I am fascinated with how things work. So when I talk to people about my business, I have the tendency to talk about nuts and bolts. This is unfortunate, because most people are bored to tears by nuts and bolts. And as it turns out, the mechanics of water and fire damage restoration had nothing to do with me opening my business.
Ten years ago we had a catastrophic fire in our home. The damage was so bad that we eventually tore the house down. I remember standing in the remains of my living room, staring dumbstruck at a silhouette on a wall where a picture once hung. The picture was the only thing I owned that belonged to my beloved grandmother, and it was completely destroyed.
I remember feeling incredibly fortunate. My three year old daughter was supposed to be in the house. But through an odd series of events, my youngest was not at home. My eldest daughter was upstairs and should have been trapped by the fire, but miraculously escaped. No one was lost. No one was injured. Because of the courage of one of my neighbors, even my dog was saved.
But I also remember feeling completely uncertain. Would insurance honor the claim? Would they pay me enough to put my house back together? Would my home and all my possessions forever smell like smoke? Would the odor forever remind me of that cataclysmic event?
The answer to some of our problems involved the nuts and bolts of cleaning plates and lamps and furniture. It involved the mechanics of insurance policies. I’m a concrete, task oriented person, so I was soon able to wrap my head around quantifiable obstacles and measureable goals.
It was far more difficult for the rest of my family. Perhaps because they were all female, or perhaps because they were more clever than me, they saw the fire not as a set of concrete obstacles to overcome, but as symbol. The vagaries and uncertainties of life had come crashing into our home and left a pile of wreckage. It was nothing we could plan for. It was nothing we could predict. It came out of nowhere. Every charred chair and smoke filled book was a symbol, a reminder, that the unexpected is the wrecking ball of human plans.
The thought you put into choosing the colors you painted the walls, suddenly seems ridiculous. Your Great Aunt’s china, with which you took such great care, now lies in pieces. I had laid down a heart of pine floor with my own hands. A mechanized claw would rip it from our home and toss it in a dumpster.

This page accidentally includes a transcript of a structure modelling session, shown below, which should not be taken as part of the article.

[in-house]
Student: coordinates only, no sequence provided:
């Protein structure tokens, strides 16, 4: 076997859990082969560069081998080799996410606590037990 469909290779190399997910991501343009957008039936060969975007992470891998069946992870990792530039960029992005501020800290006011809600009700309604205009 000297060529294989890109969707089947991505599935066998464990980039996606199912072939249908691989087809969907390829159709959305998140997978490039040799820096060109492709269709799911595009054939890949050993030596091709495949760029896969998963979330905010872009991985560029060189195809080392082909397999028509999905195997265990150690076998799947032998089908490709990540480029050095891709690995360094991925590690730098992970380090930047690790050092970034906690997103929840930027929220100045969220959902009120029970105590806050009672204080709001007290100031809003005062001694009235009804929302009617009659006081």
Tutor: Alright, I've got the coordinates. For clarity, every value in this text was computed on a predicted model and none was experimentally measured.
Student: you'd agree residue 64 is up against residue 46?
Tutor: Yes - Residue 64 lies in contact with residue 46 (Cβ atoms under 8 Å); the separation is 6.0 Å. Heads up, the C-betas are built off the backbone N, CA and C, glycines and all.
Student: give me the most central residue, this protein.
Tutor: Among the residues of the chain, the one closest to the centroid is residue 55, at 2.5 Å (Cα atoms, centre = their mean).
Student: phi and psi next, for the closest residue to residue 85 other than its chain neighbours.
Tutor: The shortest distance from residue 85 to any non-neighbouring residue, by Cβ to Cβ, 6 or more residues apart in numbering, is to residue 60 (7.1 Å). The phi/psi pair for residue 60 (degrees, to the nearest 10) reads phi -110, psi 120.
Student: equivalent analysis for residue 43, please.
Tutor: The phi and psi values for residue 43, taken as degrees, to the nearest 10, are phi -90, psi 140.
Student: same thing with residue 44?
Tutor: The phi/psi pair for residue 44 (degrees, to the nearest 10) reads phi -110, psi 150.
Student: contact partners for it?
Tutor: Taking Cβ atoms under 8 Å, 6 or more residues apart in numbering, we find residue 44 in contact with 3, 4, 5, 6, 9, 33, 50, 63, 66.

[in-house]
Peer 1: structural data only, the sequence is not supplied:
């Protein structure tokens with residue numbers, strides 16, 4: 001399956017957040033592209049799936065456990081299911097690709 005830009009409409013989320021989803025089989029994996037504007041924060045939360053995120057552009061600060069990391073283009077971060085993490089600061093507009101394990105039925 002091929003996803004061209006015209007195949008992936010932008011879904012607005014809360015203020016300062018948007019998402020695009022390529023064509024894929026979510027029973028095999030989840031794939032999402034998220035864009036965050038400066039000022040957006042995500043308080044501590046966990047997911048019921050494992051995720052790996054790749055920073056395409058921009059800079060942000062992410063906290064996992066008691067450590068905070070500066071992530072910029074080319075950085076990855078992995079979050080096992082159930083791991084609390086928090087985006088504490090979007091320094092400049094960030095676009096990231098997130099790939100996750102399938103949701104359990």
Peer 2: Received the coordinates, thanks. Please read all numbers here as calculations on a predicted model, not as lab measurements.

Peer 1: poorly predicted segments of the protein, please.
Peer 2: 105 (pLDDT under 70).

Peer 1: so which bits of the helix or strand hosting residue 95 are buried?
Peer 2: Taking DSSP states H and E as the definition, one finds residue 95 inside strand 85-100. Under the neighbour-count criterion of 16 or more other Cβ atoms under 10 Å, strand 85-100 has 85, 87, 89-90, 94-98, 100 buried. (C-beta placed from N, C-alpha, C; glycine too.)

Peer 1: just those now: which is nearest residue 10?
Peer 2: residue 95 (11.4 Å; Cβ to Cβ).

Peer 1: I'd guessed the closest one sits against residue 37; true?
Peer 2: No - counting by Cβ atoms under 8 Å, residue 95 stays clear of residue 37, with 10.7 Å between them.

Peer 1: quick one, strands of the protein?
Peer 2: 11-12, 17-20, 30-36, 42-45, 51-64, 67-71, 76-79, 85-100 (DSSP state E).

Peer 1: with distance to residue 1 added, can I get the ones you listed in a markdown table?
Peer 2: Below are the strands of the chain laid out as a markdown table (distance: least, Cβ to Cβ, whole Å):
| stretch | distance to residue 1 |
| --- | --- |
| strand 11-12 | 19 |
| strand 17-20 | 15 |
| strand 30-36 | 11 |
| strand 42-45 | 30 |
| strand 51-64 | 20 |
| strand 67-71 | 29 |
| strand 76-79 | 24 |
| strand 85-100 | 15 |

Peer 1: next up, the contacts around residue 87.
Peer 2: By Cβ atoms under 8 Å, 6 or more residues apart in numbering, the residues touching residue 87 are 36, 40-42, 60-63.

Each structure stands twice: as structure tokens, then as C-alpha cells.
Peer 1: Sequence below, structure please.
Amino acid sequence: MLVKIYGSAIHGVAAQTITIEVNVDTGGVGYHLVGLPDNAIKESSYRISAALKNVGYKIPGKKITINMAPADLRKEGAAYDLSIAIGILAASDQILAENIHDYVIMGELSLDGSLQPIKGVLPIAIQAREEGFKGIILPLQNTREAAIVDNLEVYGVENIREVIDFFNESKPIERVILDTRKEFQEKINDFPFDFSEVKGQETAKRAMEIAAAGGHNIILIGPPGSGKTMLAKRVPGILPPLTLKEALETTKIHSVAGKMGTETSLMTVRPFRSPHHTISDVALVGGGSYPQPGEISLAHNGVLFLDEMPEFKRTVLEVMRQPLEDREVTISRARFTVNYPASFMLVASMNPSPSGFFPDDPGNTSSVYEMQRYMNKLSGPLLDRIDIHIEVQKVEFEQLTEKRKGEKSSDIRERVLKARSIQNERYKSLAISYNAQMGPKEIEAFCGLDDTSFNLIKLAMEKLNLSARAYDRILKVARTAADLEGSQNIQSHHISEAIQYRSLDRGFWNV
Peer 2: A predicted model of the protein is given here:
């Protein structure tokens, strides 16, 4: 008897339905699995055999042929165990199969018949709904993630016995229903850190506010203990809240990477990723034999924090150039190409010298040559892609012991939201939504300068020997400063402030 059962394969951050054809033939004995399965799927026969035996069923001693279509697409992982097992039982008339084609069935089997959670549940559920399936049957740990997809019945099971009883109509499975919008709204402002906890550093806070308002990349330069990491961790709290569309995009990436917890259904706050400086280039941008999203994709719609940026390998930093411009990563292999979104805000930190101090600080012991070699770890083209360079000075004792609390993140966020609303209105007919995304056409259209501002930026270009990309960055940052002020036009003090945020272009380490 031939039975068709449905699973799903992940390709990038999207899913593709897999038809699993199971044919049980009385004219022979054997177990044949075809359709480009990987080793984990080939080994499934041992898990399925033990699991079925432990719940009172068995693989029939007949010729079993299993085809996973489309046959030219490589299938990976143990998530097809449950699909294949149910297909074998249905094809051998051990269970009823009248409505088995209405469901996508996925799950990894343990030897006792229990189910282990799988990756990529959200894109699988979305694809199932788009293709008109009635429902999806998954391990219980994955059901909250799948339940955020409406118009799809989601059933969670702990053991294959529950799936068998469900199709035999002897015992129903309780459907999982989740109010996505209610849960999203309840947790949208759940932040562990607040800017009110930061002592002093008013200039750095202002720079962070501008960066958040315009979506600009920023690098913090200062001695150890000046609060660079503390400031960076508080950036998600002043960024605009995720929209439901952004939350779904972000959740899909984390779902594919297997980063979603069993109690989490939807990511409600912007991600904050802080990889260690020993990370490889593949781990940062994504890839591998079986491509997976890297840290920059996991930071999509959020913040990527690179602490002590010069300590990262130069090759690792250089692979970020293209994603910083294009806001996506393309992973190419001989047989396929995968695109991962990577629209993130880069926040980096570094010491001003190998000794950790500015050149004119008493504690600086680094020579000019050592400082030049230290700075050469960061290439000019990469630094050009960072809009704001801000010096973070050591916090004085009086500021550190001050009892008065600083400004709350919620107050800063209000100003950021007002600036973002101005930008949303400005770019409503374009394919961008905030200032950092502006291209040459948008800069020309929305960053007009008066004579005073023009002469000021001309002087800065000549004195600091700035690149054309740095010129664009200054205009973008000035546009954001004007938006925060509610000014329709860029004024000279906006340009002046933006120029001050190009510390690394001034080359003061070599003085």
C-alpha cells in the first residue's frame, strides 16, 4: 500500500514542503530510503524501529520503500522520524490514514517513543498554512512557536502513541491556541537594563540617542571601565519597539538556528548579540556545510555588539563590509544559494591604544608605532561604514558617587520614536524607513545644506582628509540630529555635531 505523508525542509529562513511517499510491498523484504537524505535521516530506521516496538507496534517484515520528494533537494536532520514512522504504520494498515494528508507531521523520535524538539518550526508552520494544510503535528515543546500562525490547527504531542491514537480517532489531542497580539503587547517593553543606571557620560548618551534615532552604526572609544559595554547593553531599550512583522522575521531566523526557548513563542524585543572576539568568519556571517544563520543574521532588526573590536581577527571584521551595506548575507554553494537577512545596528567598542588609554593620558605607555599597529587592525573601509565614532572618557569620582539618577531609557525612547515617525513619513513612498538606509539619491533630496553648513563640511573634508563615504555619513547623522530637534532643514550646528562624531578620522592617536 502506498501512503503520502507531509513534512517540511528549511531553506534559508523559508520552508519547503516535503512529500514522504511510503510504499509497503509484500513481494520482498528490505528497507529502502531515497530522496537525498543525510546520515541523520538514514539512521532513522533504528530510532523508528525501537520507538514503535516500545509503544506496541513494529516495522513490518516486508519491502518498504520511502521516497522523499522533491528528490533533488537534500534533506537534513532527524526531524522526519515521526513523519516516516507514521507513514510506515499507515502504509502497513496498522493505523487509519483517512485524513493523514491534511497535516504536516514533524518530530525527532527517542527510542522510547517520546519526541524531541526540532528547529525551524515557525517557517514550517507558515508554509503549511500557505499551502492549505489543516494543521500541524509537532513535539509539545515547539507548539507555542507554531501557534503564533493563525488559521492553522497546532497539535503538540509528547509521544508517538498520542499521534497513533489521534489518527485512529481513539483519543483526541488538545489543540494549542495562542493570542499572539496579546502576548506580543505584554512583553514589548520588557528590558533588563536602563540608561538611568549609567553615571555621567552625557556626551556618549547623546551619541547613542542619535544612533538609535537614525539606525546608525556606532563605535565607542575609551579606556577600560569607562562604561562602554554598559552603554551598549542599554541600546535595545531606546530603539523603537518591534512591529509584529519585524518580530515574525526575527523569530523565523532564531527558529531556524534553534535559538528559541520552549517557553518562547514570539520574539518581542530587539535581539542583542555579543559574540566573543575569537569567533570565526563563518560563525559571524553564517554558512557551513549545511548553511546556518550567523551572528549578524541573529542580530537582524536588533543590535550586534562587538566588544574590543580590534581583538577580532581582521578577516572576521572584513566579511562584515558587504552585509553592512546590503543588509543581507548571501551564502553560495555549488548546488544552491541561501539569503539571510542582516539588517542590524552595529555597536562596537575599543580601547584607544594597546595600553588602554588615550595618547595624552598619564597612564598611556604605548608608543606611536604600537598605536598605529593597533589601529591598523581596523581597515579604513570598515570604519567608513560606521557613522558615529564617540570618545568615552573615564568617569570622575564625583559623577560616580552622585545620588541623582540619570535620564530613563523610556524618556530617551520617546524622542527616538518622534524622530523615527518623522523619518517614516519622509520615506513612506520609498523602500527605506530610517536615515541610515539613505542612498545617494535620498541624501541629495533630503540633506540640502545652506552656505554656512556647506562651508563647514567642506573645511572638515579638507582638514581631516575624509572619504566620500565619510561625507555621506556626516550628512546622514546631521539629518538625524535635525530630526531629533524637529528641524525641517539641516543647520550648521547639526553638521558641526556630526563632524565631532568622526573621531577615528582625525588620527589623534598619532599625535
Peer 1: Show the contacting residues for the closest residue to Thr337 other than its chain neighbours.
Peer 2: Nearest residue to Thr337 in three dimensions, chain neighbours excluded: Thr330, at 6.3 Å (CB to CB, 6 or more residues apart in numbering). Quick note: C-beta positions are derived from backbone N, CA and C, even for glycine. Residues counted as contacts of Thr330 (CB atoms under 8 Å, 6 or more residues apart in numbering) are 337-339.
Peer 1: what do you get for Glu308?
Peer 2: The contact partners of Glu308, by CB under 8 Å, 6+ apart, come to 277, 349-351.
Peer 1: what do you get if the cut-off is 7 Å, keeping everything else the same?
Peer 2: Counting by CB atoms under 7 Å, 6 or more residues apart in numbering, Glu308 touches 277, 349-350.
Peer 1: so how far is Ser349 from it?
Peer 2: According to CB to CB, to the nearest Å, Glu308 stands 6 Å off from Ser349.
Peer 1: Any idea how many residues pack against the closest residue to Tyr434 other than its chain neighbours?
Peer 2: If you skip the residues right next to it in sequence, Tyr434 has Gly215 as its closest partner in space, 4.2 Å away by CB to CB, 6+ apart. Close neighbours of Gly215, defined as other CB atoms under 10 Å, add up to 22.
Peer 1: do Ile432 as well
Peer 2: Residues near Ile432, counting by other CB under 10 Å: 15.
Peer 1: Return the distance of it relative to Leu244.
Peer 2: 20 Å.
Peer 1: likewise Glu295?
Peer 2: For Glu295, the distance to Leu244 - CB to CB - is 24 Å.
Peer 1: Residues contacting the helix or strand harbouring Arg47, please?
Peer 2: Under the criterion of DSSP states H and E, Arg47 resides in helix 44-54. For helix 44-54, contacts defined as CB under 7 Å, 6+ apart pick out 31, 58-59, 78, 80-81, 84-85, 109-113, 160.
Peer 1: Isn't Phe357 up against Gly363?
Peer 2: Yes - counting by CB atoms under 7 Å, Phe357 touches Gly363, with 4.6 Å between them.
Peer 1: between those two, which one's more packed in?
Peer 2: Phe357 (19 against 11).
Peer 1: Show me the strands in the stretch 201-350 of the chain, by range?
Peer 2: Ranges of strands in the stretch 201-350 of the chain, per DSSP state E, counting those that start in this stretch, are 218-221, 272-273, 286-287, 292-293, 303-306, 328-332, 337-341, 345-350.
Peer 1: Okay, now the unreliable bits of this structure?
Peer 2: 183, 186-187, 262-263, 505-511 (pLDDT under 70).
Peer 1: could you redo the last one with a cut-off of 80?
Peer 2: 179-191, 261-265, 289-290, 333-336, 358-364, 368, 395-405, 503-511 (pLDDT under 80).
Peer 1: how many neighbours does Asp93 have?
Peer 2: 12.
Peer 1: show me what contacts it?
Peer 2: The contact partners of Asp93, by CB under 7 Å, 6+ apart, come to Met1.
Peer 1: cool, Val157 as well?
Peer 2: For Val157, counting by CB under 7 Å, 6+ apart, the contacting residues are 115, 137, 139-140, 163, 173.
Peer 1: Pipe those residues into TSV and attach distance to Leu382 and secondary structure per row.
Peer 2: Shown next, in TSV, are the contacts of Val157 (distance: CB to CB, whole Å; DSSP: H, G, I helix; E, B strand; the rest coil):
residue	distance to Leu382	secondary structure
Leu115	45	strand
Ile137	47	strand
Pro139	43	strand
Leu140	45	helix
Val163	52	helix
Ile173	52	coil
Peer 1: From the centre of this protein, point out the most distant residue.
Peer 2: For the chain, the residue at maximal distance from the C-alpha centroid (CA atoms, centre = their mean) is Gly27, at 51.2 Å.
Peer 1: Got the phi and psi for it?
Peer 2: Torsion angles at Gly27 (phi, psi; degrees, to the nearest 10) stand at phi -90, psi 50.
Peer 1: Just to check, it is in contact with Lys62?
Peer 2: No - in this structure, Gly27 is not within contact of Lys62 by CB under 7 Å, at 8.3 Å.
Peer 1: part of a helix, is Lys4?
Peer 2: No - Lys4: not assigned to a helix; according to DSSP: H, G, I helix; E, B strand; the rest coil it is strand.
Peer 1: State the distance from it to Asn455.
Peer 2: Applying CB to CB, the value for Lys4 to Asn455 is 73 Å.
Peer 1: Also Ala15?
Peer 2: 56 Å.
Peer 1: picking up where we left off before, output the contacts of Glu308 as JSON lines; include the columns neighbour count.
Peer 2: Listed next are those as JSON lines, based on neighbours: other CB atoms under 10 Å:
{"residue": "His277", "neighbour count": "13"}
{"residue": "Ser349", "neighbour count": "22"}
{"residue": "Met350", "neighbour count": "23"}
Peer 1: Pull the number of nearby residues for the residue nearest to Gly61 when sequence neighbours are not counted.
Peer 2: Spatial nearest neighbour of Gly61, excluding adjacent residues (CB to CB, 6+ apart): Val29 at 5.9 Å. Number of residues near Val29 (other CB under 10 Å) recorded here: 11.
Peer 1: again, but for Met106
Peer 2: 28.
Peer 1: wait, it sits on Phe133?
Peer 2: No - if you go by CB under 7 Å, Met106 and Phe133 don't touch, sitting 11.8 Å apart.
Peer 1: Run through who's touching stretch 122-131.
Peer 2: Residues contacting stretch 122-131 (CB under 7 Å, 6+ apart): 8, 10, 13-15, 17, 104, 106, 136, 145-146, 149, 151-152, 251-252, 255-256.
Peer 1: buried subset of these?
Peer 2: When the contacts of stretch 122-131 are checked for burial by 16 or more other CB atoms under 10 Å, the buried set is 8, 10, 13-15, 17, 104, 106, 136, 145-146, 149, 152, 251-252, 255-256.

I needed to put my home back together. My wife and children needed new symbols for the future. They needed to know that everything would be set right.
The nuts and bolts of putting my house back together were completely successful. It turns out the insurance company paid me to replace trousers that had not fit me for 10 years. They paid me for a saxophone I had not played in 15 years. For this reason and others, the house we rebuilt was slightly nicer and somewhat larger than the previous home.
Rebuilding our lives and that sense of security was a little more difficult.
Most of the people I help have not undergone disasters as catastrophic as mine. But I have learned that the character of the trauma is the same, even when the magnitude is less. If your living room is full of water, the first thing we are going to do is to put it into complete disarray. We have to move the furniture in order to extract the water. So it has to go into the dining room. So now your dining room is in disarray.
And then we move on to the kitchen. And then we move on to the bedroom. And then we bring in 20 fans. And they are all making a lot of noise. And then we bring in three dehumidifiers. And they are all producing heat. And each piece of equipment has a cord. And the home that once symbolized peace and security is now a symbol of chaos.
So my job is to dry your home. My job is to prevent further damage. My job is to prevent mold. Those are my jobs.
My mission is to say to the customer:
“all things will be set right – but it will take time.
Everything will be OK. But getting their will be very inconvenient.
I will walk with you through this whole process.
And I will do everything I can, to make you better off than you were before.”
It is a funny thing about my life. Every truly beautiful thing that has ever happened to me, followed some catastrophe. I own Rainbow International, because I can sometimes reach out to someone when life is dark and chaotic. Sometimes they will allow me to change dark symbols for bright ones.
Whenever disaster strikes you, remember, there’s always a Rainbow after the storm.